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Vehicle-2-Grid leaps towards commercialisation, but it is not there yet


Earlier this year, my colleague Philippa Hardy wrote about the launch of OVO Energy’s Vehicle-2-Grid charger. This Vehicle-2-Grid (V2G) charger is set to be used in project Sciurus, one of eight Innovate UK V2G demonstration projects launched this year. From this summer, the projects will begin distributing thousands of these units across the UK, as the largest ever deployment of V2G technology across Europe.

While exciting and poised to revolutionise electricity markets, V2G remains at this demonstration phase rather than being fully ‘commercialised’. We recently reviewed the current status of this V2G market and in this blog we share some key findings.

What is V2G?

This technology offers bidirectional charging of EVs – the ability for the vehicle to both charge and discharge electricity. The ability to discharge electricity means EVs can act like a static energy storage device. And that device can have a great number of applications depending on the scale of the activity, so you will hear about V2Grid, V2Home, V2Building, V2Community, or quite broadly V2X.

With forecasts suggesting European EV adoption will reach millions of vehicles within only a few years, the potential for energy storage activities from V2G could be tremendous.

Delta-ee’s V2G analysis

Last month we analysed the V2G market, we found the following:

  • 27 demonstration projects have been launched across nine European countries.
  • An estimated 3,010 V2G units are deployed or planned for deployment.
  • Only 1 project could be considered commercial.

ev v2g

All 27 are plotted onto the graph above, with the 1 commercial project highlighted in red. There are three key findings to take away from this graph.

Scaling up

The first thing to note is that the projects appear to get larger over time. While earlier projects were simply demonstrating the technology could work on an individual and local basis, in more recent years there has been an imperative to show V2G can work with tens, hundreds or thousands of units. Broadly, we can interpret this as a progression in project purpose from a ‘proof of application’ to the ‘proof of business model’ (the separation can be signified by the orange line).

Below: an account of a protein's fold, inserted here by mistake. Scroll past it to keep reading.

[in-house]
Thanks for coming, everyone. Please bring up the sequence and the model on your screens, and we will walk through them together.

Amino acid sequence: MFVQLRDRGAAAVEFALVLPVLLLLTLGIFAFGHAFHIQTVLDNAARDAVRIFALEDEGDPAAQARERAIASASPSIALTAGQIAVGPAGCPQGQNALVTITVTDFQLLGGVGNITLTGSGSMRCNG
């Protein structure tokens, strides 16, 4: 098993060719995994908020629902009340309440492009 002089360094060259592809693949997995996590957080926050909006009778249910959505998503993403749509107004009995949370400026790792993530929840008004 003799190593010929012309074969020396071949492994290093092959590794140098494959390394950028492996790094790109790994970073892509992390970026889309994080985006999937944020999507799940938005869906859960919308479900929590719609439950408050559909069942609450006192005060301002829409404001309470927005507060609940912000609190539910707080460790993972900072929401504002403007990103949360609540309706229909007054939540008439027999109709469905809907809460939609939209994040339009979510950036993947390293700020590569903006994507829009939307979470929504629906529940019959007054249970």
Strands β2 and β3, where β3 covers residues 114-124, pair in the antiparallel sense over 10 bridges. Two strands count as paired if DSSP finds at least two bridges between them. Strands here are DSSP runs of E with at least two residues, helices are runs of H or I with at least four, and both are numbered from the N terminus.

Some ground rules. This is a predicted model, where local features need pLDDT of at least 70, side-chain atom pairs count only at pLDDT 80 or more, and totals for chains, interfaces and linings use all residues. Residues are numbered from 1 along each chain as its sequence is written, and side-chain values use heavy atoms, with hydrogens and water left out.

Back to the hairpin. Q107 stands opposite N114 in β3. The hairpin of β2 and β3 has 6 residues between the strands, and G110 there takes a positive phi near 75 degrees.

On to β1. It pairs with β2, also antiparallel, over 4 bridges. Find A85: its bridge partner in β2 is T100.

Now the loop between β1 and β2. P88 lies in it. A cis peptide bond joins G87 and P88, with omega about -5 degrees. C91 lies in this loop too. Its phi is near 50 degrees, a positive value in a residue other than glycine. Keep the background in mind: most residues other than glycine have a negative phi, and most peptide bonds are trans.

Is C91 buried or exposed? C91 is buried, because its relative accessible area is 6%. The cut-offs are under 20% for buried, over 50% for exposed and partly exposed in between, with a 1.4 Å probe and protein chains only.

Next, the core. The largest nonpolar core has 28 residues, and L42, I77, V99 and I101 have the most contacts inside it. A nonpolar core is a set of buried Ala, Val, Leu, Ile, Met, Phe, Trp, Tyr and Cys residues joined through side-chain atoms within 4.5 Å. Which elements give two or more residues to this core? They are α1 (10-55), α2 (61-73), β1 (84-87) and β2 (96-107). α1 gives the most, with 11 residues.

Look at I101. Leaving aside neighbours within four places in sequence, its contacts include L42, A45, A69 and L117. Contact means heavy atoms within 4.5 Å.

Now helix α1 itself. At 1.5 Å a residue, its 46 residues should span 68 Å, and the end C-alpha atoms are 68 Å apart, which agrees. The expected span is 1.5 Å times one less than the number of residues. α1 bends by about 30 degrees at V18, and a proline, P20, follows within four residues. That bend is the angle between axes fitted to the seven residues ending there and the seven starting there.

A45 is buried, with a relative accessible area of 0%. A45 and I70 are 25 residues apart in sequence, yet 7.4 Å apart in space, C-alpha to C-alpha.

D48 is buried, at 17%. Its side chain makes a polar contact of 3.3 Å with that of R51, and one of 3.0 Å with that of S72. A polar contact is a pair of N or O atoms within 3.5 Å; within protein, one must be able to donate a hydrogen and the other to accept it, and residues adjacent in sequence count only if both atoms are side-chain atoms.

The North Sea cluster

The UK, the Netherlands and Denmark are outright leaders in hosting these projects. Do not necessarily assume that these will be the richest markets for V2G – they may just prove to have the best access to innovation researchers and innovation funding. Indeed, the ‘scaling up’ trend is heavily influenced by the Innovate UK competition that OVO Energy is participating in. From the analysis, Delta-ee estimates that Innovate UK is responsible for funding 90% of all deployed or planned deployment of V2G units in Europe.

However, Denmark is already host to the one commercial project. With project consortia involving electricity networks and electricity retailers, the UK, the Netherlands and Denmark are likely to be best prepared for V2G deployment in the next few years.

The market leaders

The first commercial project, in Denmark, involves a fleet of 10 electric vans owned by Frederiksberg Forsyning. It is noted as Nuvve’s project, but in fact is delivered by a consortium of Nuvve, Nissan and Enel. These three companies are considered the leaders for their respective technologies. Nuvve is a software developer providing the platform for V2G. Nissan’s vehicles, the LEAF and the eNV200 are V2G-enabled as standard. Enel has been at the forefront of V2G unit manufacturing in Europe.

Again, the fact that these are leaders in the demonstration phase does not signify that they will inevitably lead the market if/when V2G becomes mainstream. But, they are certainly the ones to watch. For a more detailed analysis on V2G projects across Europe, please download our whitepaper. If you have any thoughts on V2G or would like to learn more about our ‘EV & Electricity’ research, please do get in touch at

The New Energy Letter: August 2018
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